Overdiagnosis of Noninvasive Tumors Followed Organized Breast Cancer Screening — Physician’s First Watch
Overdiagnosis of Noninvasive Tumors Followed Organized Breast Cancer Screening
By Kelly Young
Seventeen years of organized breast cancer screening in Denmark has not reduced the incidence of advanced cancers — but has led to increased detection of noninvasive tumors and ductal carcinoma in situ (DCIS) — according to a study in the Annals of Internal Medicine.
Using cancer registries, researchers identified roughly 200,000 women aged 35 to 85 diagnosed with breast cancer from 1980 to 2010. Cancer detection rates were compared in screening and nonscreening areas. (Screening was introduced into different regions of the country at different times.)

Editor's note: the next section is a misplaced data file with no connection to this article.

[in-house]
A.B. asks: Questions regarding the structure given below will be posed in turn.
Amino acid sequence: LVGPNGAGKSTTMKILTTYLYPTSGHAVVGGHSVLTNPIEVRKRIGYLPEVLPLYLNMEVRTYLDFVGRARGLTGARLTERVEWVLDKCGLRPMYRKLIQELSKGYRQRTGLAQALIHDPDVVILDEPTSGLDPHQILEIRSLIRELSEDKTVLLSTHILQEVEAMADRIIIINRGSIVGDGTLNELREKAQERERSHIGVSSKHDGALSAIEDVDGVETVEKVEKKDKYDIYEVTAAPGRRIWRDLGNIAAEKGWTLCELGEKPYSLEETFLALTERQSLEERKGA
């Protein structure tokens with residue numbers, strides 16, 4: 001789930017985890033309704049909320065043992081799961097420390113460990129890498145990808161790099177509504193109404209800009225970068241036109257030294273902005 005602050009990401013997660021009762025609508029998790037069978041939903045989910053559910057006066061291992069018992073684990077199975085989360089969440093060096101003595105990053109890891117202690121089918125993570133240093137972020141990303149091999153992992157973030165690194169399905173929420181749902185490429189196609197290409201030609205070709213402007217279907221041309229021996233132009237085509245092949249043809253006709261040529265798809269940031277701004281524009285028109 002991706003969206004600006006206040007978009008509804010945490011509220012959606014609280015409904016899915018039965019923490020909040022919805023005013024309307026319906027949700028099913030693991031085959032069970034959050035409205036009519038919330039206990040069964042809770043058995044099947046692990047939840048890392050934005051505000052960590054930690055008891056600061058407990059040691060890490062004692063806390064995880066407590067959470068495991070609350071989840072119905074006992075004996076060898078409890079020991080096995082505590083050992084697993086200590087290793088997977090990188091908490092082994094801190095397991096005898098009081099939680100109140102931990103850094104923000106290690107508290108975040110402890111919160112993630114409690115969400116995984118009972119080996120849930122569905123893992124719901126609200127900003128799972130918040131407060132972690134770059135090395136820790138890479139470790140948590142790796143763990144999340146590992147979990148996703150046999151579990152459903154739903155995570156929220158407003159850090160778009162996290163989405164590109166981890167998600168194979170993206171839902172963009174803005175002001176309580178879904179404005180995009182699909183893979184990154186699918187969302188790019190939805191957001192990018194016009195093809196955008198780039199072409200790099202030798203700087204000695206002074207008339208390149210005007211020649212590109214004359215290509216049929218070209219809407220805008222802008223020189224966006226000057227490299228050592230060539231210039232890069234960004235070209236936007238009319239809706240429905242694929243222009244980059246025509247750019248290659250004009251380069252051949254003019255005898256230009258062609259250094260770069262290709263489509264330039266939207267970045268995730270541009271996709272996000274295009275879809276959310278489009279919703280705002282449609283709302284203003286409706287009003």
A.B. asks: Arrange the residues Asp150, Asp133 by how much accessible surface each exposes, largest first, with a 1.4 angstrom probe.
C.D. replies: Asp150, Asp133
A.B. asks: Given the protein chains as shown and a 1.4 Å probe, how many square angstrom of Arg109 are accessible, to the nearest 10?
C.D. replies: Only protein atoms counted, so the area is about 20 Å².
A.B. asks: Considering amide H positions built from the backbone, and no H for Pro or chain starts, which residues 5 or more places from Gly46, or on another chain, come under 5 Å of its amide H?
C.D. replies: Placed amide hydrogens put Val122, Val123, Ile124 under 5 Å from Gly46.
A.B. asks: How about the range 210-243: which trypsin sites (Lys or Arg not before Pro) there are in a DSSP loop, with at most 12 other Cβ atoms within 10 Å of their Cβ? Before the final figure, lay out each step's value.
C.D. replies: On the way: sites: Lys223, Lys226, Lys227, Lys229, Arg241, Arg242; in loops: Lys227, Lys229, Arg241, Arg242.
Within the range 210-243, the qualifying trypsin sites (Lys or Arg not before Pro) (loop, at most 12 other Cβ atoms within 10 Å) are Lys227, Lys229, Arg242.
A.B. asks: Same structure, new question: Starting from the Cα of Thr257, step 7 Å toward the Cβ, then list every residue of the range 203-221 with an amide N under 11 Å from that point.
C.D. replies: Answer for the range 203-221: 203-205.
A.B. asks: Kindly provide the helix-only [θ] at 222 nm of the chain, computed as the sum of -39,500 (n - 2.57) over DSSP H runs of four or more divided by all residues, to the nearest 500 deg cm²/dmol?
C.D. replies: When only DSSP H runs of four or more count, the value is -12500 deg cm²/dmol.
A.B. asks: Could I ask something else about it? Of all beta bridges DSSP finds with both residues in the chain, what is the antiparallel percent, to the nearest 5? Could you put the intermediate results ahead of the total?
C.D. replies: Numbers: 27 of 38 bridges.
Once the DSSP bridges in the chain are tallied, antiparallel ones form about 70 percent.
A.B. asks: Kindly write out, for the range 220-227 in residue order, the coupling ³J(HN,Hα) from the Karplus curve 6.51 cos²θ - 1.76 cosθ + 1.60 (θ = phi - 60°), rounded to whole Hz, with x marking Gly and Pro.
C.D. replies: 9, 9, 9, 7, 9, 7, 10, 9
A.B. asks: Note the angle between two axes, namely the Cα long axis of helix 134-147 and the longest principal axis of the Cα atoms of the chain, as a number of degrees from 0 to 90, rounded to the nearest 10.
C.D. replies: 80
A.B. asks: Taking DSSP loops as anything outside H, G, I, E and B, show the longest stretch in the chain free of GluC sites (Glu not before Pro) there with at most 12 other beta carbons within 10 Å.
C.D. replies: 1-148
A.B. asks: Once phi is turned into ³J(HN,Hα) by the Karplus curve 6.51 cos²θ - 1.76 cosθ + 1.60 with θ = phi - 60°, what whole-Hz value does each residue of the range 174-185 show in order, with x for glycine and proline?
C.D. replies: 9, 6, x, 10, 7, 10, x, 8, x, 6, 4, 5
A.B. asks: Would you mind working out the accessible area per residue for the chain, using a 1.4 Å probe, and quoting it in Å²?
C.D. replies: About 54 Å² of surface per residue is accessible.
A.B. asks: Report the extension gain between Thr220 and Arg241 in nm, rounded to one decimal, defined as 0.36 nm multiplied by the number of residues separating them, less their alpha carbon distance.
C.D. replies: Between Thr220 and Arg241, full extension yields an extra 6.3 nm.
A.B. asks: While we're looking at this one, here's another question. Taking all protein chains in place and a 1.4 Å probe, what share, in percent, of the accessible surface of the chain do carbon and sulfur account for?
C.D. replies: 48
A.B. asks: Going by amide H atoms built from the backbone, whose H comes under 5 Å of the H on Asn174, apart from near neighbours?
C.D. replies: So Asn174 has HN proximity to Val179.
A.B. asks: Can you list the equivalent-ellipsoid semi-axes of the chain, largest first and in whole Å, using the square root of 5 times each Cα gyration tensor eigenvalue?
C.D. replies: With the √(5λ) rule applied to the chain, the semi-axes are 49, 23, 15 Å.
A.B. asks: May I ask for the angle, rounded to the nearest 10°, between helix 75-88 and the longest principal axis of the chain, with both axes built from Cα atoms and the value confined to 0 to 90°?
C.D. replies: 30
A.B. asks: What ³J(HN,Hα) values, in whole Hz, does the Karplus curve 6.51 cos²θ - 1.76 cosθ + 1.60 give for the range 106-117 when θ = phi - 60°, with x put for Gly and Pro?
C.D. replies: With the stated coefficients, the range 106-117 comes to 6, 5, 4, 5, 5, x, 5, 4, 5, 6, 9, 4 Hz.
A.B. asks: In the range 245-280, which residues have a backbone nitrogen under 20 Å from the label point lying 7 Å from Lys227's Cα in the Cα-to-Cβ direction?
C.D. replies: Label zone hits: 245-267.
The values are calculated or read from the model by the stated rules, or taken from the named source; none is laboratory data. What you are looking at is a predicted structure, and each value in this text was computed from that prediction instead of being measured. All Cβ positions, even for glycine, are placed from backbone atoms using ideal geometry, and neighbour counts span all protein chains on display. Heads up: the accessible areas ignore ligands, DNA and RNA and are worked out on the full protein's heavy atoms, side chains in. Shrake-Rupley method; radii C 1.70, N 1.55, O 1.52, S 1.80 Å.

Screening was not associated with a decrease in advanced tumors. The authors estimate that one out of every three invasive tumors and DCIS cases diagnosed after screening were overdiagnoses.
An editorialist writes, "We must carefully examine screening, realize its limitations, maximize its effectiveness, and try to improve it. In addition, we must examine all elements of breast cancer control (to include prevention) and evaluate how they are best used."